When the smoke cleared on the 2007 Elite Series season, Skeet Reese stood alone at the top, claiming the Angler of the Year title along with winning the Capitol Clash on the Potomac River. It was a solid year all the way around that began with his second-place finish at the Bassmaster Classic.
To perform at such a high level, Reese had to constantly stay on top of the conditions, something that he sees too few weekend anglers do. “Instead, they go back to the place they caught them last week or last month or even last year," he says. “They need to realize that fish change every week, every day or even every hour, depending upon the conditions. If you’re not making adjustments as the conditions change — from some clouds moving in to the wind starting to blow from a different direction — you’re not going to catch all the bass you should be catching."
Reese believes that few weekend anglers carry the full assortment of line types and sizes — from 6- to 30-pound test — with them whenever they go fishing. Nor do they make the best use of lines.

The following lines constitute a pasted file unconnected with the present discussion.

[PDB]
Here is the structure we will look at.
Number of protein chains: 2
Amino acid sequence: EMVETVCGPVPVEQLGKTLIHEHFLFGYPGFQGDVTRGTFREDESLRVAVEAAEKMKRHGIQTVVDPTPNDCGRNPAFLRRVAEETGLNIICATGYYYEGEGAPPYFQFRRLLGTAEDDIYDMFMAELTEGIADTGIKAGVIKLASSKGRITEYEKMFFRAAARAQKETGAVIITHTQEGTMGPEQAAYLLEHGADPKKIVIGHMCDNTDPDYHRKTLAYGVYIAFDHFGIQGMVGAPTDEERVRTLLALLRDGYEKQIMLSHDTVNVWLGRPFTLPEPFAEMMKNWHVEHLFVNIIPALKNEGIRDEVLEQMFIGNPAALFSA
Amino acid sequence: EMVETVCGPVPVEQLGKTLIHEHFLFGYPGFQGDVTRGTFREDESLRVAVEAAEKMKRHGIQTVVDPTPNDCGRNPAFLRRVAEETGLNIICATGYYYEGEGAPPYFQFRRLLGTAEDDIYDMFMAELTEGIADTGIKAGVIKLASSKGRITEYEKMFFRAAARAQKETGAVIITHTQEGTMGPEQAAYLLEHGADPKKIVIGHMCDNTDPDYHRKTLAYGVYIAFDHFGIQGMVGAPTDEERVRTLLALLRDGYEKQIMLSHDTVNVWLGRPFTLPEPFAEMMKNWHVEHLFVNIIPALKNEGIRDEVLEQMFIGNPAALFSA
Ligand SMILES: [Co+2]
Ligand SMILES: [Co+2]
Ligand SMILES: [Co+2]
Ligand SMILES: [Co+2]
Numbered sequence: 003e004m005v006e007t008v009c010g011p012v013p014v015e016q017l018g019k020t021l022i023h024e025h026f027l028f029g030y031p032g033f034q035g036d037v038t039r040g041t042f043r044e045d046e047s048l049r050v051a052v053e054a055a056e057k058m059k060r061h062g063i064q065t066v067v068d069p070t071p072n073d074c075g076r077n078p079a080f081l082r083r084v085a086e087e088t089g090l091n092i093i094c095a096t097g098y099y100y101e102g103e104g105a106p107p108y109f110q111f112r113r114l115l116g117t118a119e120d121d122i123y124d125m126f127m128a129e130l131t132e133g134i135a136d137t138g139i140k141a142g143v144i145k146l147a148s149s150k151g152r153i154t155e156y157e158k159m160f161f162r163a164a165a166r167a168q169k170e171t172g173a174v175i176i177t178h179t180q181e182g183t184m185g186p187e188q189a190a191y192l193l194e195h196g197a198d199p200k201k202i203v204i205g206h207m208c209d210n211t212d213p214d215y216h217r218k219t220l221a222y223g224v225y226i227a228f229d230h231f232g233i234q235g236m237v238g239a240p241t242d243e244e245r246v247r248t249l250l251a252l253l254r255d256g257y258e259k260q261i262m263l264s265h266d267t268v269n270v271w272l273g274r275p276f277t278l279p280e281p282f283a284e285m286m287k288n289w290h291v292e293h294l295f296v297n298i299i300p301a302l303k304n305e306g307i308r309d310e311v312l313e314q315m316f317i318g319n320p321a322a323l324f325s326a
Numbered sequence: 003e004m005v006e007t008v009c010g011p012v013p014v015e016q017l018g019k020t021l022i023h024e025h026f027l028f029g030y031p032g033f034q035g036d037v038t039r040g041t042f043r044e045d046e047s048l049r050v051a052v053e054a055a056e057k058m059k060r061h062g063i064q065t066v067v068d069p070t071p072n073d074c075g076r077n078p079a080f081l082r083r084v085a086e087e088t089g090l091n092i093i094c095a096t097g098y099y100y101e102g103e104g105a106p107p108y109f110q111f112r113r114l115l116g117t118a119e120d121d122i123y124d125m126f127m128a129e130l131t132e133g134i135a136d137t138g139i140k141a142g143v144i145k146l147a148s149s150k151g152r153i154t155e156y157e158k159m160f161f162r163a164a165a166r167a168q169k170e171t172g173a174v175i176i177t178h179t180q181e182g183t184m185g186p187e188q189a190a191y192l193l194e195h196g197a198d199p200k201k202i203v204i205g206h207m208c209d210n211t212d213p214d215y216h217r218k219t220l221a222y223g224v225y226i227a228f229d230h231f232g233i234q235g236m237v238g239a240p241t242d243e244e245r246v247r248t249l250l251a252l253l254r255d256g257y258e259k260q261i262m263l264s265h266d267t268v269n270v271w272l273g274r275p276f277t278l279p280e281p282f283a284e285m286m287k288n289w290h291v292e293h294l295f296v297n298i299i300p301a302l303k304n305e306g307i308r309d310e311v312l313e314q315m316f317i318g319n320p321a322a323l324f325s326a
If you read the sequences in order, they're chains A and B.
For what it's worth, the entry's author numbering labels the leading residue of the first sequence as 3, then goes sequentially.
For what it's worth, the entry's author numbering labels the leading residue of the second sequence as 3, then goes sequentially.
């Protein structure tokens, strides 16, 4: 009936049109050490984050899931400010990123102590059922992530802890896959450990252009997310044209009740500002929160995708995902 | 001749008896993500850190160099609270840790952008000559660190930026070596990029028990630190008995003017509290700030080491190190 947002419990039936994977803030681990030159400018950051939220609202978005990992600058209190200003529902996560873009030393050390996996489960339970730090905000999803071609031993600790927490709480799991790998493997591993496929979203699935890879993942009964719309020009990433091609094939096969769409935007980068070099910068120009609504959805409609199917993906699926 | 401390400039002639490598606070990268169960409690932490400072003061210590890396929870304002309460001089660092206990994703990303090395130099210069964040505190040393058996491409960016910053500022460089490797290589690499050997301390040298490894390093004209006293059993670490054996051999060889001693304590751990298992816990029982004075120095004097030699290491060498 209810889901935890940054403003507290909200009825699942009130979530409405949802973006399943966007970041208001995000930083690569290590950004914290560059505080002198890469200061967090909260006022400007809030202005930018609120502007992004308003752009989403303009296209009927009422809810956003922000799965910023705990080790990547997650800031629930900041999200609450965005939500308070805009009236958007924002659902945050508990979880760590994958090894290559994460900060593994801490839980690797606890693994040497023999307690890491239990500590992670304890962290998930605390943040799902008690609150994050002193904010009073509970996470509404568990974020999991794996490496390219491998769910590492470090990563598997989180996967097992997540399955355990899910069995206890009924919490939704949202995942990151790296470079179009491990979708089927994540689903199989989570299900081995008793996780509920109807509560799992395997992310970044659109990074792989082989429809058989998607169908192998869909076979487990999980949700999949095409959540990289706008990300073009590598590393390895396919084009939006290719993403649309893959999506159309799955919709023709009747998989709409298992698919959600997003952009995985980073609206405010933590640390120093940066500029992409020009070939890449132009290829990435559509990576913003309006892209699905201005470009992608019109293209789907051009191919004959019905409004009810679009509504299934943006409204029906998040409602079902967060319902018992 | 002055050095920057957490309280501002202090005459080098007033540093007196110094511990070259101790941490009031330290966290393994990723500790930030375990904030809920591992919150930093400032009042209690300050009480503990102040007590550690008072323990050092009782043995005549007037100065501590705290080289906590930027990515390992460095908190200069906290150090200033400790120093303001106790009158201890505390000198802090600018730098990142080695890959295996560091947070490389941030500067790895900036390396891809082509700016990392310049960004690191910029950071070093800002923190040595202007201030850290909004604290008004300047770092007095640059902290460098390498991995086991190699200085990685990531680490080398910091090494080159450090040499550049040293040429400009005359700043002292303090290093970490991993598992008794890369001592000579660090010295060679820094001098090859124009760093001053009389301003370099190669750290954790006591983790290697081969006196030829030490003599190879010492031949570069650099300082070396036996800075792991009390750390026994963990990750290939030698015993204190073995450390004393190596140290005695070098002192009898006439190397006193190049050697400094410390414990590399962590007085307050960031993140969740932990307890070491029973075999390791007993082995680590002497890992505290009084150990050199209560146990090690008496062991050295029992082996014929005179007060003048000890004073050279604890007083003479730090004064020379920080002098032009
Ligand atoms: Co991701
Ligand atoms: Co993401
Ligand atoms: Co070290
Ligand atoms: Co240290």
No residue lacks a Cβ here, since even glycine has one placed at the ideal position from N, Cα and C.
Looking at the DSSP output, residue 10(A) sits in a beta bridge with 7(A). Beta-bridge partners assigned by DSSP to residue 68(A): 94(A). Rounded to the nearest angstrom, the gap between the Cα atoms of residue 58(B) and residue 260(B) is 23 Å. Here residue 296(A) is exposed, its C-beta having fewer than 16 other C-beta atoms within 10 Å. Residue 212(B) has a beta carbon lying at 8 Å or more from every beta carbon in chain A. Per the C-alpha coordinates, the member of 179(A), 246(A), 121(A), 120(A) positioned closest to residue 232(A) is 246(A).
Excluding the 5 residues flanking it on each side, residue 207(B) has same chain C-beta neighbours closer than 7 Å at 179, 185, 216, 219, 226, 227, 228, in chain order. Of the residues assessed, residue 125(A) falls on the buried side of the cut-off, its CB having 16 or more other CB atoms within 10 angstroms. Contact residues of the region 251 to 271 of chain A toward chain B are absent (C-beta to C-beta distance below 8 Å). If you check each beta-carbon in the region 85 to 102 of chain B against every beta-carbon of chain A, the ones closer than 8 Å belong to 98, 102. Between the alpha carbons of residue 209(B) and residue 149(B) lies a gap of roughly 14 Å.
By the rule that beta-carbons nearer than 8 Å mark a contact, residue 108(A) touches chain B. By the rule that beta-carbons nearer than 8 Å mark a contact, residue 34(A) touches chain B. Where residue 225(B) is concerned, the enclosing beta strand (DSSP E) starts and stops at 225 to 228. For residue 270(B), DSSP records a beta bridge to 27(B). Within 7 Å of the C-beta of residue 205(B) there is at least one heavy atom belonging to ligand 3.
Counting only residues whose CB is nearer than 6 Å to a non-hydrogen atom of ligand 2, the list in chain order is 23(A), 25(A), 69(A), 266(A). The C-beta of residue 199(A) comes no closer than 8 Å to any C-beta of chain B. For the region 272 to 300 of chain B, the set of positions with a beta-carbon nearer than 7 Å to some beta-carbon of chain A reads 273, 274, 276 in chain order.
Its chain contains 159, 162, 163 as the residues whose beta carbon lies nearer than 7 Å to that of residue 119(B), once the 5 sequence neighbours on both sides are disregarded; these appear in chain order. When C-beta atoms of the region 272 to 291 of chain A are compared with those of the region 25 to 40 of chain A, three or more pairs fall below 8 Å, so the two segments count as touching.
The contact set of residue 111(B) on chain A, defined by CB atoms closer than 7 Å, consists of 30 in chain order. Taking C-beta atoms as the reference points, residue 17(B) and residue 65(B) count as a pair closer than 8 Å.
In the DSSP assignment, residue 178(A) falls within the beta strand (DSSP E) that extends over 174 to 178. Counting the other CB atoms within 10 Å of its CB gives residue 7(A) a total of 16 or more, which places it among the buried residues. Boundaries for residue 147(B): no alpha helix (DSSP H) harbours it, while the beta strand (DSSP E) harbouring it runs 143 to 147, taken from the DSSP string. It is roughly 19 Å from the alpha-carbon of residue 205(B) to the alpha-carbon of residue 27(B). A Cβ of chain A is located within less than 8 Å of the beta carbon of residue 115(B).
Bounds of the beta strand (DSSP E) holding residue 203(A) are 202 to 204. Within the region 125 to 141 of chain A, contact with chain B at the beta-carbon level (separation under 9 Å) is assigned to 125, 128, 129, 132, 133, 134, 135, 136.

He says, “Line diameters and types make a huge difference in lure performance. The difference between 8- and 12-pound line can be enormous. Even on power fishing lakes, like Toho in Florida or Sam Rayburn in Texas, you need lots of lines to choose from so you can make adjustments and catch fish consistently. You need the right lines to get your baits into productive depths or pull fish out of cover or minimize line visibility. It all adds up."
Few BASS pros are as consistent as 2005 Angler of the Year and three-time Classic runner-up Aaron Martens. In a world of fishing technicians, Martens puts the rest to shame. He’s as painstaking with his gear and his techniques as anyone who has ever held a rod and reel, and, quite naturally, his observations toward the mistakes made by co-anglers and weekend fishermen lean toward the technical.